Limping over the finish line

Posted by Max Hicks

Neil Taylor Jose Alberto Canas Swansea applauseGettyImagesNeil Taylor and Jose Alberto Canas salute the Swansea fans after their loss at St Gallen.

You wouldn't have guessed that Thursday night was an historic moment for Swansea City. Despite suffering a 1-0 defeat to St Gallen, Valencia's 1-1 draw with Kuban Krasnodar meant that Swansea progressed to the knockout stages of the Europa League for the first time in team history, having already reached a new milestone in reaching the group stage last August.

To say Swansea rode their luck would be to put it mildly. Had Kuban found a second goal in their game, then a late extra from St Gallen would have bounced Swansea out of the competition. Given the Swans proven vulnerability to conceding late goals in this competition, I'm not sure anyone on the Swans side could rest easily until news came from the Mestalla that Kuban had only been able to draw.

A draw is actually all it would have taken for Swansea to decide their own fate, and it was disappointing that the side should fall short of such modest expectations. With all due respect to St Gallen, the Swiss side had nothing but pride to play for, the Swans play superior opponents almost every week in the Premier League, and it's not as though Michael Laudrup fielded a weak side.

It is hard to find many positives to speak of on a night when the biggest plus -- Swansea's progression in the competition -- came fortuitously by way of other results. On a night full of eerie winter atmosphere, the only thing apparently lost in the fog was the football, and I'm not talking about the big orange thing.

It was one of those games that defies statistics. On paper, the Swans had 68 percent possession, 85 percent passing accuracy, 12 shots. In reality, it is hard to remember more than one or two Swansea shots, but then only two were on target, so maybe there's a reason for that. The sheer number of passes made by Swansea as a matter of routine, a large proportion of which are safe and short, helps disguise the fact that on the night, this side struggled to string together any meaningful attacking moves, and continually conceded possession, despite being able to win it back as a consequence of St Gallen's more direct style.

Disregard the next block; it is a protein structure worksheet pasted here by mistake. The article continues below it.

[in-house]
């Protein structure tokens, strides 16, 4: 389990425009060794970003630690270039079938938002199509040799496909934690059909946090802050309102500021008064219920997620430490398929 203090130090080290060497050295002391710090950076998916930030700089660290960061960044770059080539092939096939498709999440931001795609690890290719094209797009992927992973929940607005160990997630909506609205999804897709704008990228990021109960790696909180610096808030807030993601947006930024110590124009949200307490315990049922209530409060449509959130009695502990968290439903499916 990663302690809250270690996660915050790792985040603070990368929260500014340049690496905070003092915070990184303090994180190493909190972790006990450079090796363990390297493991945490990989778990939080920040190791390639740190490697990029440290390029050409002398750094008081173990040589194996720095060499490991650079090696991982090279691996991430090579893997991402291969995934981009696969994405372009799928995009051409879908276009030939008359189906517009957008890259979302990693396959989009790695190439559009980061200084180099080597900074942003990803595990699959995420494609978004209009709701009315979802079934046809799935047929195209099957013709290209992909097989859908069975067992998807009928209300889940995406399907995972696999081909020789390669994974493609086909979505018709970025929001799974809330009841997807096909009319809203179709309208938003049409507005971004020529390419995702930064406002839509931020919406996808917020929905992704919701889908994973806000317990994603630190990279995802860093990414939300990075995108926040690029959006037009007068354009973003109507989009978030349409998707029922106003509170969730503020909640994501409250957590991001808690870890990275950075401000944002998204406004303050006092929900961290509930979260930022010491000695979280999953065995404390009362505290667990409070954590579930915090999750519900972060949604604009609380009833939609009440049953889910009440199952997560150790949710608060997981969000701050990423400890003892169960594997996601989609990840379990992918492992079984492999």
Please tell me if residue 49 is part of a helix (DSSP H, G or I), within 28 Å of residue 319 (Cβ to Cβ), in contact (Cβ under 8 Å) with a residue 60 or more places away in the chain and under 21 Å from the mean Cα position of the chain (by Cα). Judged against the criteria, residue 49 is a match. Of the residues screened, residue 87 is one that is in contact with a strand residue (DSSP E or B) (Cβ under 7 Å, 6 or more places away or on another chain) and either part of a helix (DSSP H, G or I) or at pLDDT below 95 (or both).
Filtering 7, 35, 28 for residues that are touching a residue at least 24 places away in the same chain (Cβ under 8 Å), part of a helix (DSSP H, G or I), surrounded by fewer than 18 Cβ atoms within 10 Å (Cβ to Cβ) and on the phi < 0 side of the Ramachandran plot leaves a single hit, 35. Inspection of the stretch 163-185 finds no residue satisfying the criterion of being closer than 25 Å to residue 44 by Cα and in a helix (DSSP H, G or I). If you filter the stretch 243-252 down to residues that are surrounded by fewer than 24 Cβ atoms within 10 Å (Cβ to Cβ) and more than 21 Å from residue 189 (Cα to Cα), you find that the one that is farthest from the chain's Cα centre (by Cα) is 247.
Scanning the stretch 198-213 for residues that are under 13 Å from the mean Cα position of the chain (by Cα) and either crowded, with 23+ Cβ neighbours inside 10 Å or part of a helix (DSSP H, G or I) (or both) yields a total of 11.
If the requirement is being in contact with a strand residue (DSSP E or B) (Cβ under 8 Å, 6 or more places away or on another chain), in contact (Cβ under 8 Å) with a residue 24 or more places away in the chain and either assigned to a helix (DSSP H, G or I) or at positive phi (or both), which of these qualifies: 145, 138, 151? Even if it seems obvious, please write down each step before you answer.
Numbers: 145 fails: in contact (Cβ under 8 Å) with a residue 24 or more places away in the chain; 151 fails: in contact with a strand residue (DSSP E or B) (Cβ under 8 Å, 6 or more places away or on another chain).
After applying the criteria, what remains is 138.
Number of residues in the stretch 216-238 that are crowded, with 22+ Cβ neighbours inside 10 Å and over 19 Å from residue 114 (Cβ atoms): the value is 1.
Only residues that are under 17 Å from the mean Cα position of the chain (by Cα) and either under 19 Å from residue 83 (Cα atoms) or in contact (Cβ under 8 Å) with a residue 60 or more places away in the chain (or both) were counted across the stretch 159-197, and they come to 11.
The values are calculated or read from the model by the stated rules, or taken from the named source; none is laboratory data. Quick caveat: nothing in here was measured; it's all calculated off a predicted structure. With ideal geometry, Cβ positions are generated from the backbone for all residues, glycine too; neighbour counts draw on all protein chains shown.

The book says that to play for the draw -- the result Swansea needed -- is the right strategy in this situation, but in practice, that doesn't add up. It would have been far more constructive for Swansea to press hard for an early goal, get one, and sit on it for the rest of the game. Instead, Swansea sat on a goose egg, gave up a late goal, and found themselves given ten minutes to get back to where they started. Sure, playing aggressively from the start might have opened up the defence, but wouldn't any side rather give up an early goal, when there's time to find an equaliser, than a late one?

What's more baffling is that Laudrup did not set out his stall defensively. By sitting both Leon Britton and Jose Canas, Laudrup sent out a side with an attacking focus. Perhaps it was simply a case of the final ball not being good enough, and when that's the case, all the build-up play, passing and possession feels like a massive waste of time, which is incidentally what I imagine a large section of the watching fans felt about the game in general.

Negativity aside, the Swans can now enjoy some deserved rest -- at least from Europa League fixtures -- until the new year. The side's involvement in the knockout stages is still a considerable achievement, and who knows, maybe that underwhelming limp over the finish line will give Swansea's next opponent a false sense of security.

A few more positives to end on: Wilfried Bony appears to be fully recovered, and with Michu, Pablo Hernandez and Wayne Routledge also now healthy, the Swans ought to be able to ramp up their performances a gear or two. Also, if the Swans have to play poorly once in a while, at least this time they lost in a game which now no longer matters. The inconsistency continues, but if the pattern of good followed by bad followed by good holds up, Swansea might be due a win at Norwich on Sunday.


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